On Friday 27 September the government declined to authorise the Belgrade Pride Parade due to take place the following day. The pride march was banned by authorities quoting “serious threats to the peace and public order.”
However, only three days before Serbian Prime Minister Ivica Dačić expressed the view that homosexuality was “not normal and natural” when asked about the possibility of holding this year’s Pride Parade.
Furthermore, parade organisers had previously announced that everything was ready, and they expected the authorities to allow it. The police was also ready to secure the event, as it planned to deploy 6,500 officers.
This is the third year in a row Serbian authorities banned the event due to safety concerns. The pride took place in 2010 under heavy police protection, resulting in physical degradations and several arrests.
Shortly after the announcement of the official ban, LGBT organisations spontaneously organised a midnight pride. About 250 participants walked from the government building to the parliament building in Belgrade. The walk was well protected by police officers who rushed to the scene, and took place without incident.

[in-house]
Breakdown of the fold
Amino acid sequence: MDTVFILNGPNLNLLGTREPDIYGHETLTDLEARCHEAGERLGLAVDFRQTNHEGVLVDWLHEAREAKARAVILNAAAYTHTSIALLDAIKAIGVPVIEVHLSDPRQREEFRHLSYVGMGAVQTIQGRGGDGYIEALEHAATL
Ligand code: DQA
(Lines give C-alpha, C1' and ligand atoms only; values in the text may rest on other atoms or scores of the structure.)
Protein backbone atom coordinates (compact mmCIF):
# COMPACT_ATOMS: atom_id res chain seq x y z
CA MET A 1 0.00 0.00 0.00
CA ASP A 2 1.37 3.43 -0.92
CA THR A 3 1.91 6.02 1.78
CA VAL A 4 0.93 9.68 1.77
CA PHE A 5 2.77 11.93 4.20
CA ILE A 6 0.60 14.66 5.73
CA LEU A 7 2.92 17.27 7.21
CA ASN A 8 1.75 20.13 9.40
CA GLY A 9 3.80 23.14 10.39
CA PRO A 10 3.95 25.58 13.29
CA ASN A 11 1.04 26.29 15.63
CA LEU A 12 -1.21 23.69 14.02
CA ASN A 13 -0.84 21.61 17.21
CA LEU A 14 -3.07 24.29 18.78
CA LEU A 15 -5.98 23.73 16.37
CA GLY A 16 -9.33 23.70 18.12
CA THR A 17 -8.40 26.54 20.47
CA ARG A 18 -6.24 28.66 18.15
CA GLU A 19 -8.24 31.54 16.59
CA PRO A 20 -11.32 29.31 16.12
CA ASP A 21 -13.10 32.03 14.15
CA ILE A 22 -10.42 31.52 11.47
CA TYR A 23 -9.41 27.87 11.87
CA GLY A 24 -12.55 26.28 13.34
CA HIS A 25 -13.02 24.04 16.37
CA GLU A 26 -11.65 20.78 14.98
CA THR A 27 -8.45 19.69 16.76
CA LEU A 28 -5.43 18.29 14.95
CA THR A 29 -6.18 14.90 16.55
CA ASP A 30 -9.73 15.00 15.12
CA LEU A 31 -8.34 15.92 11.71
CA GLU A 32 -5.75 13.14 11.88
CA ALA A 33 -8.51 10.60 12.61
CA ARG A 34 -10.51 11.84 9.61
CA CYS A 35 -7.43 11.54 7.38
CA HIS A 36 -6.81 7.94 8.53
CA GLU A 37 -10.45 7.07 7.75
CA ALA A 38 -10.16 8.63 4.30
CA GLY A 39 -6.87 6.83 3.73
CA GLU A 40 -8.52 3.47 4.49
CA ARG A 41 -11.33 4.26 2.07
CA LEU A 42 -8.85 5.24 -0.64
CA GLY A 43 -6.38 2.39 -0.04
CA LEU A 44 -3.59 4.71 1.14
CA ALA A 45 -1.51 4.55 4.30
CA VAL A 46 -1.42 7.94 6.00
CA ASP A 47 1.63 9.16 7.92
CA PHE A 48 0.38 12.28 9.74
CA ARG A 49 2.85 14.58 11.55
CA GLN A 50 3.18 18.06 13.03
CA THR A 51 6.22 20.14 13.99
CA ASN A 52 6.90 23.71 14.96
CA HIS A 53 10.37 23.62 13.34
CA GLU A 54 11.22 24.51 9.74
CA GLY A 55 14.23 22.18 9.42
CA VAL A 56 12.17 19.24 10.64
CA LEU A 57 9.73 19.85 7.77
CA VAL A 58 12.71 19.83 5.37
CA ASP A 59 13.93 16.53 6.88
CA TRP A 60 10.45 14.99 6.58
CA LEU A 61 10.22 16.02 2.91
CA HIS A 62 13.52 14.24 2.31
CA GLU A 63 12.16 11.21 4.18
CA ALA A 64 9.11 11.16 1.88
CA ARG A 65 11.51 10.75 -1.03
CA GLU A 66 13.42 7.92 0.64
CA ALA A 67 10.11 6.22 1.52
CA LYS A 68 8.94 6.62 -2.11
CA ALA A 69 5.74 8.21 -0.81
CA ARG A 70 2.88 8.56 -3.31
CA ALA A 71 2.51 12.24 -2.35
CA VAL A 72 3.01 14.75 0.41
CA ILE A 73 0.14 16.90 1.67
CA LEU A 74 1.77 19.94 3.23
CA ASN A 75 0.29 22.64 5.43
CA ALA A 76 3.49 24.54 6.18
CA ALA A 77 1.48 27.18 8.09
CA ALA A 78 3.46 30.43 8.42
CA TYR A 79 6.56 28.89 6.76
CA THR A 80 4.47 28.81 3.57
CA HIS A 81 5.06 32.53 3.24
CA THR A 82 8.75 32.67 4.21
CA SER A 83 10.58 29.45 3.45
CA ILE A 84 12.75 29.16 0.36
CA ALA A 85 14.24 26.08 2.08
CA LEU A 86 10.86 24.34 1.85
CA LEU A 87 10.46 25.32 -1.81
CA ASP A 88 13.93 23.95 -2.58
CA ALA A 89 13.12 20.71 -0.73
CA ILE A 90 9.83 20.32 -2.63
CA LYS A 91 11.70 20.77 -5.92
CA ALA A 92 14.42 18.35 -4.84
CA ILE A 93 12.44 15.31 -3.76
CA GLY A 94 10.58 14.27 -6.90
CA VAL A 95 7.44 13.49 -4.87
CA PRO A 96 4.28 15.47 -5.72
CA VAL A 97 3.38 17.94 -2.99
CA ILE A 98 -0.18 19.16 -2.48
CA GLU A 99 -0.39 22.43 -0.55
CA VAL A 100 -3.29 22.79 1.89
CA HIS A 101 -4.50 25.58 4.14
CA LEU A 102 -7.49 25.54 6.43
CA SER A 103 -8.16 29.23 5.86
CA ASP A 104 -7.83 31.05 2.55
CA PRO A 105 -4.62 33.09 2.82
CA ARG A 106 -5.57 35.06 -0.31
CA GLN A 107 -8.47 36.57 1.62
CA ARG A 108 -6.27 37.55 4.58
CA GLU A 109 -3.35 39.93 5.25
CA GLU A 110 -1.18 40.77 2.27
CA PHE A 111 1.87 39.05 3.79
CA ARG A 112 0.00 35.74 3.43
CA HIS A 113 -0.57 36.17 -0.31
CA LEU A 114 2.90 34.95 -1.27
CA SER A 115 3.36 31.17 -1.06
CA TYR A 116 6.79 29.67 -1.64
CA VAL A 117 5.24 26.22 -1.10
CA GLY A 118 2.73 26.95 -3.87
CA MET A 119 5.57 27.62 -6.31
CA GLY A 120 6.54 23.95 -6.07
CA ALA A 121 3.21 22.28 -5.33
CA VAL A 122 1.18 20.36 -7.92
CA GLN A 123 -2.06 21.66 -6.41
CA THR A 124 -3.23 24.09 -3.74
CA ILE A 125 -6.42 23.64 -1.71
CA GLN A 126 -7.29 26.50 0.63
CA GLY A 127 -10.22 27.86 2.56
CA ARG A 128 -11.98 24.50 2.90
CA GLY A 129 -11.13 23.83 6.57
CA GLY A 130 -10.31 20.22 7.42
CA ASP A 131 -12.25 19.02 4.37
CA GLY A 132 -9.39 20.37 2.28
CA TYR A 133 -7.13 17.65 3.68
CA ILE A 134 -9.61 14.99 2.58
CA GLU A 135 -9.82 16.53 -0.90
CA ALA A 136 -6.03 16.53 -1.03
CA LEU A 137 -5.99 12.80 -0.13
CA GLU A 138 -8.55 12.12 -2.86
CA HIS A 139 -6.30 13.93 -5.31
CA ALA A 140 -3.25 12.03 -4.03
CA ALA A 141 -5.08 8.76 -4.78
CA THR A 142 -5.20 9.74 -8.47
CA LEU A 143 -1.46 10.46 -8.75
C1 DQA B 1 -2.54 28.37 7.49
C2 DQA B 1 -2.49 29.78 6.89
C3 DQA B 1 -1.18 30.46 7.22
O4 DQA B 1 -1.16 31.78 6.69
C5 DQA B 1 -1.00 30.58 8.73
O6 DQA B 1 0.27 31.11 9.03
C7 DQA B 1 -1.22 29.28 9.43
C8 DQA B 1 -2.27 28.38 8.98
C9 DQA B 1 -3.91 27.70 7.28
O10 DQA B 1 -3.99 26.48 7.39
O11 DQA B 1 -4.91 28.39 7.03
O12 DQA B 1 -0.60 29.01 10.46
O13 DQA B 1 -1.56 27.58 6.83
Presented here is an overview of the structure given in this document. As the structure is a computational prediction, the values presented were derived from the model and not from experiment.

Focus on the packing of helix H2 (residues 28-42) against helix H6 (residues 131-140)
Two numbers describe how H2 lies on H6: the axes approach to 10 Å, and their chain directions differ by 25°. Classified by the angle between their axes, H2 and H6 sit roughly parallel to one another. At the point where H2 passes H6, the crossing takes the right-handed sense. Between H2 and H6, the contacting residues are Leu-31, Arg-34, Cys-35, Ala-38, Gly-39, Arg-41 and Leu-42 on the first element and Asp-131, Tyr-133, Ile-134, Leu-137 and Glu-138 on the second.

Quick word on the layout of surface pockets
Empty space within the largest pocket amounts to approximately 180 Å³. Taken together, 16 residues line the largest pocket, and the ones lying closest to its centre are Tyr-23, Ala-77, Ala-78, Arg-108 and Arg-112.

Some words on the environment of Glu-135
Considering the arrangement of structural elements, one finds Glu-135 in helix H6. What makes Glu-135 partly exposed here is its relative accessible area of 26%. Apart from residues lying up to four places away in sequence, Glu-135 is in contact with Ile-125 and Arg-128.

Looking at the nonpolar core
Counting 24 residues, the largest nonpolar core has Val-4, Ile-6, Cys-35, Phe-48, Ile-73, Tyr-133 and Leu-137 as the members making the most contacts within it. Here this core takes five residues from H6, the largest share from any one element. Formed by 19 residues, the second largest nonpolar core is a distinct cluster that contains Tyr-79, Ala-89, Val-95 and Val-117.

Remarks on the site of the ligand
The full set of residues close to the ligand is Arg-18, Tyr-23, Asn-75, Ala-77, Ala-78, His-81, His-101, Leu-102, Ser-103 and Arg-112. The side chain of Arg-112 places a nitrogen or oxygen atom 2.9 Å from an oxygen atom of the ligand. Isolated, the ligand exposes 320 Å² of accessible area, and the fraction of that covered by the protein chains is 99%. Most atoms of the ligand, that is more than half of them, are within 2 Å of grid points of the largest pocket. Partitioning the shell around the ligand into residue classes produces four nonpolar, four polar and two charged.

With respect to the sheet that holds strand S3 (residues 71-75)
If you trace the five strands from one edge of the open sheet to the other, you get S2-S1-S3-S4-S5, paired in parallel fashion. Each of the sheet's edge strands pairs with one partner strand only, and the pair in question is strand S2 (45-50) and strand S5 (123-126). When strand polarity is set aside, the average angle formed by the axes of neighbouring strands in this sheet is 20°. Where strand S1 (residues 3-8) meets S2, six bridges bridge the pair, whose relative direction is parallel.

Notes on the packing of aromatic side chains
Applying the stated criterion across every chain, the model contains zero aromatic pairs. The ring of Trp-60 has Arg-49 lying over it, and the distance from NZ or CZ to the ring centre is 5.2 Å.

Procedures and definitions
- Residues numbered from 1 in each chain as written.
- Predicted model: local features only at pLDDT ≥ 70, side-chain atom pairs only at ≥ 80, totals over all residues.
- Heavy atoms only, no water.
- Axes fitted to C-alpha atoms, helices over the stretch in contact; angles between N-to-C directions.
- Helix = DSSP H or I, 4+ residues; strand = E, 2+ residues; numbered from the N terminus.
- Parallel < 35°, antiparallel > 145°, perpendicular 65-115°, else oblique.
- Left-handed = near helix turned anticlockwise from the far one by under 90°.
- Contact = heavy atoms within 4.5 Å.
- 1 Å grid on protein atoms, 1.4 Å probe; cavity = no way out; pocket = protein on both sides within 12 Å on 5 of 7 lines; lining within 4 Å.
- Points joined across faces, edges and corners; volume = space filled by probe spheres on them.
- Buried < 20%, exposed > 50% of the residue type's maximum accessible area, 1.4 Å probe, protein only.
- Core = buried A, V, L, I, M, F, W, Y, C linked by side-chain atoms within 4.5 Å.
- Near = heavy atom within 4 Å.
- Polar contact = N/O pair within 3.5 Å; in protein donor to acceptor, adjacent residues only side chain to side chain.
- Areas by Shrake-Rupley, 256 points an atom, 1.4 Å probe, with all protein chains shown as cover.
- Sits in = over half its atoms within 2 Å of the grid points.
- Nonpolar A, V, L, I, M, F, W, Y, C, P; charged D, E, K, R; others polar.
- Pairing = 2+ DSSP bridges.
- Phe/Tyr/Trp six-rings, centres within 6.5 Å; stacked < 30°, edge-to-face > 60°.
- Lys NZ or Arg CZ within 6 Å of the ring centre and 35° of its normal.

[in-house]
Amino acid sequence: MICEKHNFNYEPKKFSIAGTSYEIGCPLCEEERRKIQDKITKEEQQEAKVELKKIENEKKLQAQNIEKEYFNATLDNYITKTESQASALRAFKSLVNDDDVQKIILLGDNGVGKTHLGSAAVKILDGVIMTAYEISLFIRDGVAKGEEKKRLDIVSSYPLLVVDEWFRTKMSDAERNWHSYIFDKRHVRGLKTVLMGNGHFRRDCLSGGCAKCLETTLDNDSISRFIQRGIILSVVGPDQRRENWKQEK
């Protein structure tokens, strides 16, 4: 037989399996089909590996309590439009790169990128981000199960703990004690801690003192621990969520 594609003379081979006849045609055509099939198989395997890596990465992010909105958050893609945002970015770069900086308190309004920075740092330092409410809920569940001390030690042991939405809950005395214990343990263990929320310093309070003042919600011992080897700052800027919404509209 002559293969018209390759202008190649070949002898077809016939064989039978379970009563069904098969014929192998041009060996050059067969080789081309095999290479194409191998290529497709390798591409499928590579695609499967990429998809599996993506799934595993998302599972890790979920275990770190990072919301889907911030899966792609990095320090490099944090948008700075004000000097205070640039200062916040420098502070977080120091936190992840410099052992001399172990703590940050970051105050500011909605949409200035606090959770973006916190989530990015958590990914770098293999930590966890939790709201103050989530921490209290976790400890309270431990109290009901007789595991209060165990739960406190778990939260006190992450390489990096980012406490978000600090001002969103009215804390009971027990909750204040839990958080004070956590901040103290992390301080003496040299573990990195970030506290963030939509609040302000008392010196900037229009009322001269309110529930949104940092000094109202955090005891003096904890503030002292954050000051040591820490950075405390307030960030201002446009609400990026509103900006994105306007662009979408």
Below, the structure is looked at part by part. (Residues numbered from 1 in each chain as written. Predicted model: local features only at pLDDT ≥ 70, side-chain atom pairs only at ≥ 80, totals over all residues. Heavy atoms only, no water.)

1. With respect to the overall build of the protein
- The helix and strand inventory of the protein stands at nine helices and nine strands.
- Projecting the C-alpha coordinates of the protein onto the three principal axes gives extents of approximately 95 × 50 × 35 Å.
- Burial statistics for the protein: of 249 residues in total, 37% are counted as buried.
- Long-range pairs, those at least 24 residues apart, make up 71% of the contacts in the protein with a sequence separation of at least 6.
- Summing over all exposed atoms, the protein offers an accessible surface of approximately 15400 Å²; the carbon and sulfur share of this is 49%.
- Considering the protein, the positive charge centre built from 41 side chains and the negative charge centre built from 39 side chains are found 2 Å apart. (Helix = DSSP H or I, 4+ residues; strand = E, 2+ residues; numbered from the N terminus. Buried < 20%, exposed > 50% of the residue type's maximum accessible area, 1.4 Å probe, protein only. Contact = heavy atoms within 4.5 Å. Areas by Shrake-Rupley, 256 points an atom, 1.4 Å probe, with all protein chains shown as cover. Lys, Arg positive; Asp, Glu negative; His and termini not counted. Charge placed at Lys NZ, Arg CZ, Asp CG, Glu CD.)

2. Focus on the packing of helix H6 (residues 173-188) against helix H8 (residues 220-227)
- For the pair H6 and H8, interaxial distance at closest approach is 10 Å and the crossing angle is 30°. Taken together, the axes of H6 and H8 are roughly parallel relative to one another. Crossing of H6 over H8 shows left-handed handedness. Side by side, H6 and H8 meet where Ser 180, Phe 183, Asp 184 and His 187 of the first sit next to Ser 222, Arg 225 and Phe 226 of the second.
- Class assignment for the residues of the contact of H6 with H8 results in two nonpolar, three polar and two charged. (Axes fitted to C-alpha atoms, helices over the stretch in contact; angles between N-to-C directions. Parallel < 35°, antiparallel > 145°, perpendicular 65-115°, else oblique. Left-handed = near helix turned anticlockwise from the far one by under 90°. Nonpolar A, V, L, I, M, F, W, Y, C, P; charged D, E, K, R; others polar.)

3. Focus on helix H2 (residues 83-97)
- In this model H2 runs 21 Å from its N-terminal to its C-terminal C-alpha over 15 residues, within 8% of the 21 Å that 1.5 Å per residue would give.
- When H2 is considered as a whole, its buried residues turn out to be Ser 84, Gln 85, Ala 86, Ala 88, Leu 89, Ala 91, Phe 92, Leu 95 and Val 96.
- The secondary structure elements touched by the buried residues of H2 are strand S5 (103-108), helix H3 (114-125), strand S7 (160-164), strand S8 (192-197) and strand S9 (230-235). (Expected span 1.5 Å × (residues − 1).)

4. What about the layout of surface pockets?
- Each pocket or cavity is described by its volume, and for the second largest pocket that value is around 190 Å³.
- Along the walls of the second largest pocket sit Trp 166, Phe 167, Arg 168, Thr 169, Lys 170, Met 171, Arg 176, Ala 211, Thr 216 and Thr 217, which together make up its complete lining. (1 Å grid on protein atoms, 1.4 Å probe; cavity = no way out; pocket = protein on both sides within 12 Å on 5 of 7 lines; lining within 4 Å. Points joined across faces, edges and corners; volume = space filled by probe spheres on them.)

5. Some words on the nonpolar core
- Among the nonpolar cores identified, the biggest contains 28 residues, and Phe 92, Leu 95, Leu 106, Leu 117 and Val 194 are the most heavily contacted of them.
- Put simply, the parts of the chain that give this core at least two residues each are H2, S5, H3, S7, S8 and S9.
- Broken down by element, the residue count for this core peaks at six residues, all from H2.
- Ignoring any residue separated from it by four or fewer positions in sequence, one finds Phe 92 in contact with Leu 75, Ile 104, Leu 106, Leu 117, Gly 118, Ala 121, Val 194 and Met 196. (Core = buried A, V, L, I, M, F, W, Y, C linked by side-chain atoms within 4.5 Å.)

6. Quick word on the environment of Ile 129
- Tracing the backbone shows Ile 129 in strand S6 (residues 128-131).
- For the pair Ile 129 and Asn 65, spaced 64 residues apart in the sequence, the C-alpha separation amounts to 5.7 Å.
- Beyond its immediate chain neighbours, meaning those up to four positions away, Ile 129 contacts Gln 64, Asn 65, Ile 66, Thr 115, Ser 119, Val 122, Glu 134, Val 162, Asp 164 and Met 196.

Several Members of the European Parliament, including Marije Cornelissen and Jelko Kacin, were in Belgrade to attend the pride activities.
Reacting to the ban, Jelko Kacin MEP, European Parliament Rapporteur for Serbia’s accession and Member of the LGBT Intergroup stated: “Serbian institutions are not doing their job. Last year President Nikolić said there would be no excuse for a future pride ban. It’s also strikingly out of touch with Serbia’s EU accession negotiations, which started only recently.”
“Belgrade hasn’t been this close to holding a pride march in years. This is a lost opportunity to send a strong positive message about Serbian leaders’ commitment to reforms and the rule of law.”
Marije Cornelissen MEP, Member of the LGBT Intergroup, added: “It’s a sad day for Serbia, as the government again proved unwilling to guarantee citizens’ right to freedom of expression and assembly.”
“The absence of these fundamental freedoms should play a large role in the accession negotiations, and I hope the Commission will take this up in its accession report.”
The European Commission will publish the next accession report for Serbia on 16 October.